Monday, September 24, 2012

Patellofemoral pain

Patellofemoral pain, Managing patellofemoral pain syndrome is a challenge, in part because of lack of consensus regarding its cause and treatment. Contributing factors include overuse and overload of the patellofemoral joint, biomechanical problems and muscular dysfunction. The initial treatment plan should include quadriceps strengthening and temporary activity modification. Additional exercises may be incorporated as dictated by the findings of the physical examination. Footwear should be closely evaluated for quality and fit, and the use of arch supports should be considered. Patellofemoral pain syndrome can be defined as retropatellar or peripatellar pain resulting from physical and biochemical changes in the patellofemoral joint. It should be distinguished from chondromalacia, which is actual fraying and damage to the underlying patellar cartilage. Patients with patellofemoral pain syndrome have anterior knee pain that typically occurs with activity and often worsens when they are descending steps or hills. It can also be triggered by prolonged sitting. One or both knees can be affected. Consensus is lacking regarding the cause and treatment of the syndrome.1 Pathophysiology and Etiology The patella articulates with the patellofemoral groove in the femur. Several forces act on the patella to provide stability and keep it tracking properly A common misconception is that the patella only moves in an up-and-down direction. In fact, it also tilts and rotates, so there are various points of contact between the undersurface of the patella and the femur.2,3 Repetitive contact at any of these areas, sometimes combined with maltracking of the patella that is often not detectable by the naked eye, is the likely mechanism of patellofemoral pain syndrome. The result is the classic presentation of retropatellar and peripatellar pain. This pain should not be confused with pain that occurs directly on the patellar tendon (patellar tendonitis). Many theories have been proposed to explain the etiology of patellofemoral pain. These include biomechanical, muscular and overuse theories. In general, the literature and clinical experience suggest that the etiology of patellofemoral pain syndrome is multifactorial. OVERUSE AND OVERLOAD Because bending the knee increases the pressure between the patella and its various points of contact with the femur, patellofemoral pain syndrome is often classified as an overuse injury.4–8 However, a more appropriate term may be “overload,” because the syndrome can also affect inactive patients. Repeated weight-bearing impact may be a contributing factor, particularly in runners.3 Steps, hills and uneven surfaces tend to exacerbate patellofemoral pain. Once the syndrome has developed, even prolonged sitting can be painful (“movie-goer's sign”) because of the extra pressure between the patella and the femur during knee flexion. BIOMECHANICAL PROBLEMS AND MUSCULAR DYSFUNCTION No single biomechanical factor has been identified as a primary cause of patellofemoral pain,9,10 although many have been hypothesized. Some of the more popular theories are discussed in the following sections. Pes Planus (Pronation). The terms “flat feet” and “foot pronation” are often used interchangeably. Technically speaking, foot pronation is a combination of eversion, dorsiflexion and abduction of the foot. This condition often occurs in patients who lack a supportive medial arch (Figure 2). Foot pronation causes a compensatory internal rotation of the tibia or femur (femoral anteversion)11 that upsets the patellofemoral mechanism. This is the premise behind using arch supports or custom orthotics in patients with patellofemoral pain. Pes Cavus (High-Arched Foot, Supination). Compared with a normal foot, a high-arched foot provides less cushioning for the leg when it strikes the ground. This places more stress on the patellofemoral mechanism, particularly when a person is running.3 Proper footwear, such as running shoes with extra cushioning and an arch support, can be helpful. (It is preferable to purchase such footwear from a reputable athletic shoe store with knowledgeable staff.) Q Angle. Although some investigators believe that a “large” Q angle (Figure 3) is a predisposing factor for patellofemoral pain, others question this claim. One study12 found similar Q angles in symptomatic and non-symptomatic patients. Another study6 compared the symptomatic and asymptomatic legs in 40 patients with unilateral symptoms and found similar Q angles in each leg. Furthermore, “normal” Q angles vary from 10 to 22 degrees,3 depending on the study, and measurements of the Q angle in the same patient vary from physician to physician.13 Therefore, the physician should be wary of placing too much emphasis on such biomechanical “variants,” as this can lead patients to believe that nothing can be done about their pain. Muscular Causes. The potential muscular causes of patellofemoral pain can be divided into “weakness” and “inflexibility” categories (Table 1).3,4,6,7,9–11,14–23 Weakness of the quadriceps muscles is the most often cited area of concern. However, each potential cause should be evaluated and addressed appropriately to help guide conservative care. Treatment A review of the literature yields few quality randomized, controlled trials on the treatment of patellofemoral pain syndrome.1,24 Prospective long-term follow-up studies provide the most useful data.8–10,25,26 Until long-term randomized, controlled clinical trials are conducted, the treatment of patellofemoral pain syndrome must be guided by the available literature and clinical experience. EXERCISES AND PHYSICAL THERAPY Exercises for patellofemoral pain are based on the muscular causes listed in Table 1.3,4,6,7,9–11,14–23 Quadriceps strengthening is most commonly recommended because the quadricep muscles play a significant role in patellar movement. Hip, hamstring, calf and iliotibial band stretching may also be important. The decision to incorporate these additional exercises depends on an accurate physical examination. (Exercises used in the treatment of patellofemoral pain are illustrated in a patient information handout that follows this article.)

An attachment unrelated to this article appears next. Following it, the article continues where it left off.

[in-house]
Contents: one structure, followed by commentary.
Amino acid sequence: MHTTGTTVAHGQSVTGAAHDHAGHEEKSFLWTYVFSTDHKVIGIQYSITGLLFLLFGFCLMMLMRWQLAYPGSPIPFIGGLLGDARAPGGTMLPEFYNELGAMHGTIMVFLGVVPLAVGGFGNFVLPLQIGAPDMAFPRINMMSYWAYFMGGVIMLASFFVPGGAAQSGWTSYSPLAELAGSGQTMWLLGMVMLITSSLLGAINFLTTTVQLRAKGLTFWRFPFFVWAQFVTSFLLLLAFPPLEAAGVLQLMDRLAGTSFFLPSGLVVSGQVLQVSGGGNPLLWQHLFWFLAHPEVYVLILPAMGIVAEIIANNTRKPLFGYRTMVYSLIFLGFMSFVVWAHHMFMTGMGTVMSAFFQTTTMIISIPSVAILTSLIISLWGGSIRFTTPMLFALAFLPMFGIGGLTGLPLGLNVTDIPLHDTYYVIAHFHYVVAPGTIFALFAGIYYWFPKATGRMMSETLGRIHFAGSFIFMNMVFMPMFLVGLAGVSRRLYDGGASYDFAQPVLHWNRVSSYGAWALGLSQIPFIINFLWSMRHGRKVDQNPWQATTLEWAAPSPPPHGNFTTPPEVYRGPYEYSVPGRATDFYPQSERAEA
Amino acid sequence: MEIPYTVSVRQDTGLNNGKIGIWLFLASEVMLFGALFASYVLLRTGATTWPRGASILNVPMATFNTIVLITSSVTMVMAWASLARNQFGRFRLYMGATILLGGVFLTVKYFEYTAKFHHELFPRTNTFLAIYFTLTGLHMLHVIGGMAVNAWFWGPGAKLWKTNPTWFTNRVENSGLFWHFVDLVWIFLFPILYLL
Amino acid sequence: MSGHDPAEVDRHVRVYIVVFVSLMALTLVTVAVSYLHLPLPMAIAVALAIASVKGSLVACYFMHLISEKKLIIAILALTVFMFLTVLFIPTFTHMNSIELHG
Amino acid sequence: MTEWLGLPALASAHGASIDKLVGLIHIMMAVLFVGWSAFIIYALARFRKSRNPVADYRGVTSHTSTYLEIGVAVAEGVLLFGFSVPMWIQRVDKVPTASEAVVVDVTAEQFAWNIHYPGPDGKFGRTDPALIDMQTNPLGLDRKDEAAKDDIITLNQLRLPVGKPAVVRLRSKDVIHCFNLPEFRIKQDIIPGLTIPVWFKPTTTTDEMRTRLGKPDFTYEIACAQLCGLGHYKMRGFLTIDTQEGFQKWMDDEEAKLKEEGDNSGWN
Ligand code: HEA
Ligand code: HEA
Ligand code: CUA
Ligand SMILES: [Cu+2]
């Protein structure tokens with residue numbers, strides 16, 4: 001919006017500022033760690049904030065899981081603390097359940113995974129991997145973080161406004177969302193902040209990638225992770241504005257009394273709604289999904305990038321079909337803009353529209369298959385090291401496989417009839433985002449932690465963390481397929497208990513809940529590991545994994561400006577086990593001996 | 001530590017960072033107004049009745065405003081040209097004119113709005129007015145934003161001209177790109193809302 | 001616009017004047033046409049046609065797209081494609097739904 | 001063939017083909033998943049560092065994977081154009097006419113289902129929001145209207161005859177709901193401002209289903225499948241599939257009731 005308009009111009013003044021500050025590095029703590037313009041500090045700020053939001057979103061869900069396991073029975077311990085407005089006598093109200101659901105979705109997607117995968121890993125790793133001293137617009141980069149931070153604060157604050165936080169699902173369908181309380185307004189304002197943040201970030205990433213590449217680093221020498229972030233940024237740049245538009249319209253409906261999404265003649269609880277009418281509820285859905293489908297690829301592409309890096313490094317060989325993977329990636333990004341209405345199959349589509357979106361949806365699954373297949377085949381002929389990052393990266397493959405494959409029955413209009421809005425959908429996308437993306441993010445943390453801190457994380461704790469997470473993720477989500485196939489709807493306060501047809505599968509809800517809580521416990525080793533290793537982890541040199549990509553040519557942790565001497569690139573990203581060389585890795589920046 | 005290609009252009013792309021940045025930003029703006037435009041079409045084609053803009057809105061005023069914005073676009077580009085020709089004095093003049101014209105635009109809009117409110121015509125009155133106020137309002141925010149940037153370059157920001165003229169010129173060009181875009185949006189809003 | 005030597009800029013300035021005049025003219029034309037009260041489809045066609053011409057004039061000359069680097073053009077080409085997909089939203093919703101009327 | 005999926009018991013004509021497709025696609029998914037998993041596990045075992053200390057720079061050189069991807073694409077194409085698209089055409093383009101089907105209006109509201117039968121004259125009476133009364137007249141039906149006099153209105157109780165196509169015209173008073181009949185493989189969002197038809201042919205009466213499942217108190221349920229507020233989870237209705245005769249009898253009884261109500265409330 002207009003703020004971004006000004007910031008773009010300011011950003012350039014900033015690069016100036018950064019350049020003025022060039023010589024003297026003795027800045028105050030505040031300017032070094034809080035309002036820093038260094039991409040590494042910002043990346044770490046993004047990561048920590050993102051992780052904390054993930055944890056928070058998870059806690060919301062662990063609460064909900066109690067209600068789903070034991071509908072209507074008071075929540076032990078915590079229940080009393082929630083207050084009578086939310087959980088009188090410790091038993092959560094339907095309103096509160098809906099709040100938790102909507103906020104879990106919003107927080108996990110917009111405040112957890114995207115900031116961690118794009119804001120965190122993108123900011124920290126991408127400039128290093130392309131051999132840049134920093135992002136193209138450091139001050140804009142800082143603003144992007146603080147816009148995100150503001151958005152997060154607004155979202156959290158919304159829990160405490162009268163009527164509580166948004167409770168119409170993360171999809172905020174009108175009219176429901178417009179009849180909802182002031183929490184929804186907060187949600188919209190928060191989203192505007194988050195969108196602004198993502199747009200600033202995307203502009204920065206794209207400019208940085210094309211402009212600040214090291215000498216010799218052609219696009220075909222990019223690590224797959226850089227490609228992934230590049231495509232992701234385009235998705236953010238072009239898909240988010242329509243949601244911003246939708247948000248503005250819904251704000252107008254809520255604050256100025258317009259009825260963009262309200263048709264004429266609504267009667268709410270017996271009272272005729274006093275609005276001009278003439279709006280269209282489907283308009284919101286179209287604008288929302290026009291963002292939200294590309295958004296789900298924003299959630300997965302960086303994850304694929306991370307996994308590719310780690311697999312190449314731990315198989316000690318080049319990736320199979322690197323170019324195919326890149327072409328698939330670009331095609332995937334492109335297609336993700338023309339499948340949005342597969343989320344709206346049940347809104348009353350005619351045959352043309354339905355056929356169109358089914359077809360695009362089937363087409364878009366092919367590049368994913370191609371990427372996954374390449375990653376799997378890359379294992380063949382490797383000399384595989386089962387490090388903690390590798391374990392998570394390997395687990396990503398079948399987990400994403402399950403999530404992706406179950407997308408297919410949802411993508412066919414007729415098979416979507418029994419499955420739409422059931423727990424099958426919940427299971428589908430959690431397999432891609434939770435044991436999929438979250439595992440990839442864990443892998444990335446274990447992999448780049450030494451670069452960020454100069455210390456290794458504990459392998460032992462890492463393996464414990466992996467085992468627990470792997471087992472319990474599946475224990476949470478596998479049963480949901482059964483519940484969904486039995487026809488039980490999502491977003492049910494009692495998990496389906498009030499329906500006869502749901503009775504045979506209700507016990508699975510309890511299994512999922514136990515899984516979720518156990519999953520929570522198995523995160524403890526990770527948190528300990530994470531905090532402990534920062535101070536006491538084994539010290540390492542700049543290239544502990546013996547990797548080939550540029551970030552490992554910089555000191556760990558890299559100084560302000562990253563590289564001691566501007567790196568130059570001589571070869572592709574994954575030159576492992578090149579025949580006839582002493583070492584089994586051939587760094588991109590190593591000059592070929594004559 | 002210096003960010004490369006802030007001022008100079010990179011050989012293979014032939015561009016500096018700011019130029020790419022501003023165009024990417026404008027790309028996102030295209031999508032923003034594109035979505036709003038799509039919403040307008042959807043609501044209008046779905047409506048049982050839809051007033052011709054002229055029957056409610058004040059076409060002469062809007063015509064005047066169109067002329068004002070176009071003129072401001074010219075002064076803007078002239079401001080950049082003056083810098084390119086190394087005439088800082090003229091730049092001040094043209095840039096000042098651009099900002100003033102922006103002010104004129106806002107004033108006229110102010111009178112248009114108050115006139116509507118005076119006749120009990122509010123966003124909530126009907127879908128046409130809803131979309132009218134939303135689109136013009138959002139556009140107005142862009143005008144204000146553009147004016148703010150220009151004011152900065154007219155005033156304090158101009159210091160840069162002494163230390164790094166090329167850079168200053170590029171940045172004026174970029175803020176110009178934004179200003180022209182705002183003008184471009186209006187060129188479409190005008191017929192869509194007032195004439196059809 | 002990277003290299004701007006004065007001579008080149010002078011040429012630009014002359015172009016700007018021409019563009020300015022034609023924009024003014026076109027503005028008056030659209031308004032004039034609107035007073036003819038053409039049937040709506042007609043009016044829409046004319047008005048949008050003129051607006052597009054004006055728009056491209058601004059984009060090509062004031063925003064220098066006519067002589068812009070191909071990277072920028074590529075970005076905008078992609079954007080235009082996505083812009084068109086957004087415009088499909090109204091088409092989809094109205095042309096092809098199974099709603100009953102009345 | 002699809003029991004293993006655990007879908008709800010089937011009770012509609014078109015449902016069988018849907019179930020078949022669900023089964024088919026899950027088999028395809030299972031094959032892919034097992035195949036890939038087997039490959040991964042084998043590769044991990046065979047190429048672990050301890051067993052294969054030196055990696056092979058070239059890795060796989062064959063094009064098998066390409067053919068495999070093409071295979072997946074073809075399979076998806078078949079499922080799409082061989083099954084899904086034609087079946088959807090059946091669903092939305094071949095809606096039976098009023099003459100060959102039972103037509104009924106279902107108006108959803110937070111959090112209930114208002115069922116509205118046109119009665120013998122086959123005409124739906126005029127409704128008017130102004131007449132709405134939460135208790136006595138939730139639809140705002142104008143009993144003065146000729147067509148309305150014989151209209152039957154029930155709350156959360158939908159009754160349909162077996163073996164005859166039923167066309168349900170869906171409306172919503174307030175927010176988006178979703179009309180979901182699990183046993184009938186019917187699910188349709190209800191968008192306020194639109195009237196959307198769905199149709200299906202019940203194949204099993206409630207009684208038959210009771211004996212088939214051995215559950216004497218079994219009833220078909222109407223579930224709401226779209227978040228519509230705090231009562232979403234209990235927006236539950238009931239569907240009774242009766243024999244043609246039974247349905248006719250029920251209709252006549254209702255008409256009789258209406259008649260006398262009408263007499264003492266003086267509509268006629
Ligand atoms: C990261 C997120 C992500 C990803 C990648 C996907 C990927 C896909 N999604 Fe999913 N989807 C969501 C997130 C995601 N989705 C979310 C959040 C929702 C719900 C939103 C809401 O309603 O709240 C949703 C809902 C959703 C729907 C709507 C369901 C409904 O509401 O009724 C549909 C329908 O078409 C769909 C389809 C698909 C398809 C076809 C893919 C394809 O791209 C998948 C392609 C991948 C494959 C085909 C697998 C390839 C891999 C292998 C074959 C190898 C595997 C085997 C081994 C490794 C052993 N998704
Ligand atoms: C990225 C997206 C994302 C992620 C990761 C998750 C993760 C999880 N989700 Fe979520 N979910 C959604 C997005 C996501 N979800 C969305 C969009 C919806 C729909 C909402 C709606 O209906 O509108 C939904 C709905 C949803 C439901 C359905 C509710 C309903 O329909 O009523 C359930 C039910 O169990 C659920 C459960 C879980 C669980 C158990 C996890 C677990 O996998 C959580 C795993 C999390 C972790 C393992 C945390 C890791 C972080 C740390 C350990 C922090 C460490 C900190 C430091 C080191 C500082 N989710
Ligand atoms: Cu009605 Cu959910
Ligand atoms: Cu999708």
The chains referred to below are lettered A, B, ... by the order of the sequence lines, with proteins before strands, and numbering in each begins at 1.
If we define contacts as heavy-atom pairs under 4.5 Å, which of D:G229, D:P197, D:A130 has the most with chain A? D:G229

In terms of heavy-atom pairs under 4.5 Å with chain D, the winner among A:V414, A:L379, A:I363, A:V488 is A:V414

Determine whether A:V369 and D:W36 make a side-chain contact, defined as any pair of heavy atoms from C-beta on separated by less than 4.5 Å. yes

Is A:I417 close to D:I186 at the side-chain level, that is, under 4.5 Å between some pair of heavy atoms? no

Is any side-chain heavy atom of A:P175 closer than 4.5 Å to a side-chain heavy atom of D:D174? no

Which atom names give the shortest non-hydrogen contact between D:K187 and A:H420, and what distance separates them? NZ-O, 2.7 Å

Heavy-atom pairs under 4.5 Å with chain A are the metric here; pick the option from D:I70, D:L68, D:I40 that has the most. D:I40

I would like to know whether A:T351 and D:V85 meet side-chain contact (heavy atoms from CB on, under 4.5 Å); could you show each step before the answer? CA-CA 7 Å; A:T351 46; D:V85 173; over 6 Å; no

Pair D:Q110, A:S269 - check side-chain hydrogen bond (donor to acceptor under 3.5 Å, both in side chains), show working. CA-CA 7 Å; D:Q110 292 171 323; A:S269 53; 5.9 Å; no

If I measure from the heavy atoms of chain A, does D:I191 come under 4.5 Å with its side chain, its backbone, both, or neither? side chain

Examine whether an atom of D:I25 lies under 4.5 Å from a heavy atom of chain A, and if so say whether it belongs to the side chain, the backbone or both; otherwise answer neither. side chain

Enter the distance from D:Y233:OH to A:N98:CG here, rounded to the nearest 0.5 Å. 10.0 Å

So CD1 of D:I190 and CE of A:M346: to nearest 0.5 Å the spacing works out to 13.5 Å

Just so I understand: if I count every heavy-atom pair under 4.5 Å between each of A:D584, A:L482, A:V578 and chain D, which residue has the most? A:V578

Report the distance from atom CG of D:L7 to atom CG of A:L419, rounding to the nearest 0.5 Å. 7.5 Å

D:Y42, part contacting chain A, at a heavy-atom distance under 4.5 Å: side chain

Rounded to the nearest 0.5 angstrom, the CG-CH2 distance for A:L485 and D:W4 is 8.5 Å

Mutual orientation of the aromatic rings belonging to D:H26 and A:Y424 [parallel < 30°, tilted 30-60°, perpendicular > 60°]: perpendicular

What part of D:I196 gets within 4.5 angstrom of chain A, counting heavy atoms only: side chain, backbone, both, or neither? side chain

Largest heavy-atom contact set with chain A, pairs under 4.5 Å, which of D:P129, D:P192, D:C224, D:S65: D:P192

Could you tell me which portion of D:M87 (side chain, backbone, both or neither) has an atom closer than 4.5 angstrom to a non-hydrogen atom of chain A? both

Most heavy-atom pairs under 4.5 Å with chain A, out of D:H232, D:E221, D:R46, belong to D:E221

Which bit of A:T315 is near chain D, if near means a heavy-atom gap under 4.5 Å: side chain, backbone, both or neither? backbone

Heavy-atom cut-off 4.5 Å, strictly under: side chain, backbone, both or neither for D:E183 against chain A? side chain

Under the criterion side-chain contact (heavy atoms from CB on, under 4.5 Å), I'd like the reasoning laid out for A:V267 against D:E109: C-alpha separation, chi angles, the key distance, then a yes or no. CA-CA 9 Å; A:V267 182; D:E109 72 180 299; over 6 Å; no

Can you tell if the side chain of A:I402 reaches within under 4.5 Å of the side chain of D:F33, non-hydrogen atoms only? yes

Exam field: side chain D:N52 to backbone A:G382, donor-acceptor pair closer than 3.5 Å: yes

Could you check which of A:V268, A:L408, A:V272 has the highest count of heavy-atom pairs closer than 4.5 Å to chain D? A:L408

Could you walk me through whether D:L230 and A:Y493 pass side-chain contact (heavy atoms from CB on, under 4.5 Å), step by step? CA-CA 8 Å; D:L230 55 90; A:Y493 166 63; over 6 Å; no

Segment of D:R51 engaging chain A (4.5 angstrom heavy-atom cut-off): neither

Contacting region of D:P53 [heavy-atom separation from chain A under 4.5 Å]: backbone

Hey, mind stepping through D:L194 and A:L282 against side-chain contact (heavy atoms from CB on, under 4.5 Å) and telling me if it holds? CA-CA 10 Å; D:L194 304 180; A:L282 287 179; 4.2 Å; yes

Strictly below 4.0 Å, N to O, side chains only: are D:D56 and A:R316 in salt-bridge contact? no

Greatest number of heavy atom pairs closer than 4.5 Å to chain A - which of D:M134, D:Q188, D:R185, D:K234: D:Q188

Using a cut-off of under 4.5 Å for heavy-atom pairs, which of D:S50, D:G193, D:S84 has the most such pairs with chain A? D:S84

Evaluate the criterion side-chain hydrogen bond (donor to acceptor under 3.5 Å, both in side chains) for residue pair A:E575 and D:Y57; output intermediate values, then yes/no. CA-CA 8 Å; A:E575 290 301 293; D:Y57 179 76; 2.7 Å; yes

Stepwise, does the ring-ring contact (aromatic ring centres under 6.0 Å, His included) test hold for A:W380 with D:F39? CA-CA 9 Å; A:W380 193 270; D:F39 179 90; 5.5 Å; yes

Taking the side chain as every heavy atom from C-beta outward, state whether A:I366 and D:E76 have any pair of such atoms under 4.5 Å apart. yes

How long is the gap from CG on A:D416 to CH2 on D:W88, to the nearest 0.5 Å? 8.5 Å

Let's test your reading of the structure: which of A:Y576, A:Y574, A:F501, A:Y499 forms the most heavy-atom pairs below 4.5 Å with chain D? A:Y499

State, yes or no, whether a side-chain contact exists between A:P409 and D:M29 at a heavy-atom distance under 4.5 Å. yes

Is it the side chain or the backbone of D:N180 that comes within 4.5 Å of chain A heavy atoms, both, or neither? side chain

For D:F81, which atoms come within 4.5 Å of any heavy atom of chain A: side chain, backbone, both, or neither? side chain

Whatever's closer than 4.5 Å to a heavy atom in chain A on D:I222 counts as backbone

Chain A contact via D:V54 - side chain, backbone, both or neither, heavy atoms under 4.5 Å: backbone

Title: Patellofemoral pain